When the forerunner of the Canada Mortgage and Housing Corporation opened shop in 1946, its job was to help war veterans find housing. From those humble beginnings, CMHC has emerged as a financial market giant. As this baby-boom behemoth contemplates life after 65, it, like many of us, should consider a more modest public role.
By the 1950s, CMHC was in the affordable (public) housing business; Toronto's Regent Park was one of its first projects. The agency's social policy portfolio expanded, with assisted housing and assisted home-ownership programs, on-reserve housing, and green energy and conservation programs.
What has also grown is CMHC's mortgage loan insurance program. Federal law requires successful mortgage applicants to buy mortgage insurance if their down payments are less than a legal minimum (currently 20 per cent of the home purchase value).
This insurance guarantees lenders are repaid in full, even if borrowers default on their mortgages; this, for good or ill, lifts from financial institutions most of the risks associated with mortgage lending. Those risks are big: Through mortgage insurance, CMHC's gross loan exposure is now scraping its $600-billion legislated limit. Taxpayers are shielded in part by CMHC's $13-billion equity buffer, but nonetheless are exposed to the liabilities that will follow on an extended housing market downturn.
Now, while high loan-to-value-ratio borrowers must buy mortgage insurance, they need not buy it from CMHC. Smaller, private sector providers supply about 30 per cent of the market. They offer products and prices similar to CMHC's, and are similarly on the hook when mortgages go bust. There is no direct taxpayer exposure to those bad loans. However, if the insurer itself were to go bust, taxpayers are responsible for 90 per cent of the residual exposure.
The reason for the private sector's federal backstop is to lower financial institutions' capital costs. If an insurance provider with a federal backstop insures banks' mortgage lending, under international agreements and domestic regulation, lenders need to reserve little or no capital against their mortgage books. Insured mortgage lending is almost riskless and costless to lenders.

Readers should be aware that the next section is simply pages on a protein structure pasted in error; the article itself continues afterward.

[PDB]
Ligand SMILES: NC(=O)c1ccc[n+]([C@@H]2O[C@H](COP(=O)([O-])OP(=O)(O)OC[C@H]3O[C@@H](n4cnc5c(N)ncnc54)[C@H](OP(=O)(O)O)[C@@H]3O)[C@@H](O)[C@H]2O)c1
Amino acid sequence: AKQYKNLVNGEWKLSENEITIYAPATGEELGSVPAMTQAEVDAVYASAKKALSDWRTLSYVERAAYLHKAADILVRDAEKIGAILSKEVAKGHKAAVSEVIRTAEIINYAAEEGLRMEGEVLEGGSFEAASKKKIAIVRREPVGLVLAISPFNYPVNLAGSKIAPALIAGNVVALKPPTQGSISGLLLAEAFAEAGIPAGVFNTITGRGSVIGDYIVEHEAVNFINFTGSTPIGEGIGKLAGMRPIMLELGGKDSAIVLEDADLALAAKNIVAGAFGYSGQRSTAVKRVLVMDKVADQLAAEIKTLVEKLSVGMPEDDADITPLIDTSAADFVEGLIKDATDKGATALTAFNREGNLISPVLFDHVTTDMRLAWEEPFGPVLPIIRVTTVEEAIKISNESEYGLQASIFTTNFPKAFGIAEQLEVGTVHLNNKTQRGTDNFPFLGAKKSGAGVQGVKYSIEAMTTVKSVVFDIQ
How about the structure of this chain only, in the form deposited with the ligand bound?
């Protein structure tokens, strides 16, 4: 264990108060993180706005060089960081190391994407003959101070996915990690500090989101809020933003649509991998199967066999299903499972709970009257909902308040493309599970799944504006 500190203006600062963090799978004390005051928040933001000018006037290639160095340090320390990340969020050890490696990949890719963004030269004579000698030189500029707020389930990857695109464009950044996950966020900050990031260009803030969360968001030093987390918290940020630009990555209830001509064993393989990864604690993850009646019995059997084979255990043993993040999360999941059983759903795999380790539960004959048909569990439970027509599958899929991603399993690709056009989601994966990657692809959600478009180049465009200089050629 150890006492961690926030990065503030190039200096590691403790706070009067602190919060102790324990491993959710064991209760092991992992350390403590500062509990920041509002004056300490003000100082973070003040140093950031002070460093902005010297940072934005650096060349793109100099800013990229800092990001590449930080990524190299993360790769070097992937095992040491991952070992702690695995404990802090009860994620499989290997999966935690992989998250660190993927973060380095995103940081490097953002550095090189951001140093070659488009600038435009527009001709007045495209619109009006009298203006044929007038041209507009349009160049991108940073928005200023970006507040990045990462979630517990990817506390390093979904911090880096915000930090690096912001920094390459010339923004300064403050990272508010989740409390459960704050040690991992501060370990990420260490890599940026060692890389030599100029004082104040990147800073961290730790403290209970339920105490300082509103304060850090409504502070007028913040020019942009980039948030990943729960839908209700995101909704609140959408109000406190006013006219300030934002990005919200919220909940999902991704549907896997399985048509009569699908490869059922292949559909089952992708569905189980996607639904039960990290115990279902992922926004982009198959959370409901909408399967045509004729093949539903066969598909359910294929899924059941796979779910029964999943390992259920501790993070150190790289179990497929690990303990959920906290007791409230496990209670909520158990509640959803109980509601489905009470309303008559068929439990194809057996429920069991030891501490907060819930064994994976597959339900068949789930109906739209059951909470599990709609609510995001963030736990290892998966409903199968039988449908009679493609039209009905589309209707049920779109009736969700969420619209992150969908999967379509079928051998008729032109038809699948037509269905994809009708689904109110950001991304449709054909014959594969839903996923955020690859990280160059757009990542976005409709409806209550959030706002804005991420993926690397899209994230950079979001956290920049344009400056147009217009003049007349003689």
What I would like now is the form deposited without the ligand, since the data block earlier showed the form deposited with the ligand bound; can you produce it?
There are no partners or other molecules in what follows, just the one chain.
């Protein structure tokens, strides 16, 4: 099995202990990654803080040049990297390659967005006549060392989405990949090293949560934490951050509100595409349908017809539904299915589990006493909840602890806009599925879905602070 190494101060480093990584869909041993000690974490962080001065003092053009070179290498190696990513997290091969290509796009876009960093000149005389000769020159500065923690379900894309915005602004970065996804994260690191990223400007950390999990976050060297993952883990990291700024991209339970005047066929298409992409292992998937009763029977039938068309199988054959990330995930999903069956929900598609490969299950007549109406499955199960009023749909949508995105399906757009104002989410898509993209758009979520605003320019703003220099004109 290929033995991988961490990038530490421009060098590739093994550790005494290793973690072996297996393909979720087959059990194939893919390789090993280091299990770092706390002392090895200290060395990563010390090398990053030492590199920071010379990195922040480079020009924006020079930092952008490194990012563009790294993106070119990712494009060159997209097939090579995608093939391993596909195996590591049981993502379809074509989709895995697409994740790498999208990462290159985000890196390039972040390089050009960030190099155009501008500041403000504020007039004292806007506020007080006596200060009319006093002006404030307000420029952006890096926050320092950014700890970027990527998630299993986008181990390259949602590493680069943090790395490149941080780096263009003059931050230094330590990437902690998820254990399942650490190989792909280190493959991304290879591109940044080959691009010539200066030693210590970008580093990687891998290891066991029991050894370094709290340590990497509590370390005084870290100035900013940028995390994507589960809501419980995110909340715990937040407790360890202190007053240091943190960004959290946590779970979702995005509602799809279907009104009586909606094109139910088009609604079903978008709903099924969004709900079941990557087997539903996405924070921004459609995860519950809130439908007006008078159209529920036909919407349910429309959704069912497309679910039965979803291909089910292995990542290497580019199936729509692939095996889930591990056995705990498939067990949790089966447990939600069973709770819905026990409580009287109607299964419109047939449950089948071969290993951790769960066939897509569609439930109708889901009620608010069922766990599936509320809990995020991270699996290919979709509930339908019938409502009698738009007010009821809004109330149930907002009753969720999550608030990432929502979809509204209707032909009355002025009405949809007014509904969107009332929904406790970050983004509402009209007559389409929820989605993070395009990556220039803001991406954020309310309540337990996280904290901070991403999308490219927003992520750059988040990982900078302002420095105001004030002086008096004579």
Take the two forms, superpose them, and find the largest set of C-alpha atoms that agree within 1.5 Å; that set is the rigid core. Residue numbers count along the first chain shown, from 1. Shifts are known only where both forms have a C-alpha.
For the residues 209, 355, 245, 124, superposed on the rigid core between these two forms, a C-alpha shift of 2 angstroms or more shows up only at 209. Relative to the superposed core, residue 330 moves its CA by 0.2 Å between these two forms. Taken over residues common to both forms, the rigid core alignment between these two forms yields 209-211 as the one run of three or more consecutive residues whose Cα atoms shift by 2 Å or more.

Many questions flow from this situation. Why does the Crown corporation do all of the things it does? Why aren't social housing and related social programs part of a division of Human Resources and Skills Development Canada, where similar social programs reside? Why aren't housing market data functions handled and financed by Statistics Canada? Why aren't green energy programs part of Natural Resources Canada? Why aren't mortgage bond and securitization programs run by Treasury or Finance?
And that leaves mortgage insurance. This usually is a profitable business – people must buy the product, and to do so at the price CMHC sets. But why does the federal government hustle mortgage insurance, and not auto insurance?
Given such questions, the obvious next step would be to split up CMHC.
Few outside government would notice if Statscan took over housing market data, or if energy-conservation programs migrated to other federal departments. CMHC's financial market functions are already overseen by Finance and the Office of the Superintendent of Financial Institutions, which also inspects private insurers. And the Canada Mortgage Bond program could be run by Treasury.
The mortgage insurance program, meanwhile, would be an attractive investment for a well-capitalized domestic financial institution, such as a pension fund (the Ontario Teachers' Pension Plan already owns half of one of the private insurers). In private hands, the current insurance book could be grandfathered, and new contracts underwritten by a reconfigured agency called, say, the CMHC.
Again, few would notice the shift; the key difference would be the new layer of taxpayer protection afforded by a 90-per-cent (or lower) guarantee of residual housing market liabilities, rather than the 100-per-cent exposure within the current CMHC. In a market occupied by private competitors, a broader range of portable insurance products and prices seems a likely outcome.
Mortgages and mortgage insurance would still be regulated by federal and provincial rules, exactly as now. Regulation of conduct and oversight with respect to financial stability would still be federal responsibilities. Consumers and most market participants would be unaffected by the change.
CMHC, as it exists, has outlived its mandate.
Finn Poschmann is vice-president of research at the C.D. Howe Institute.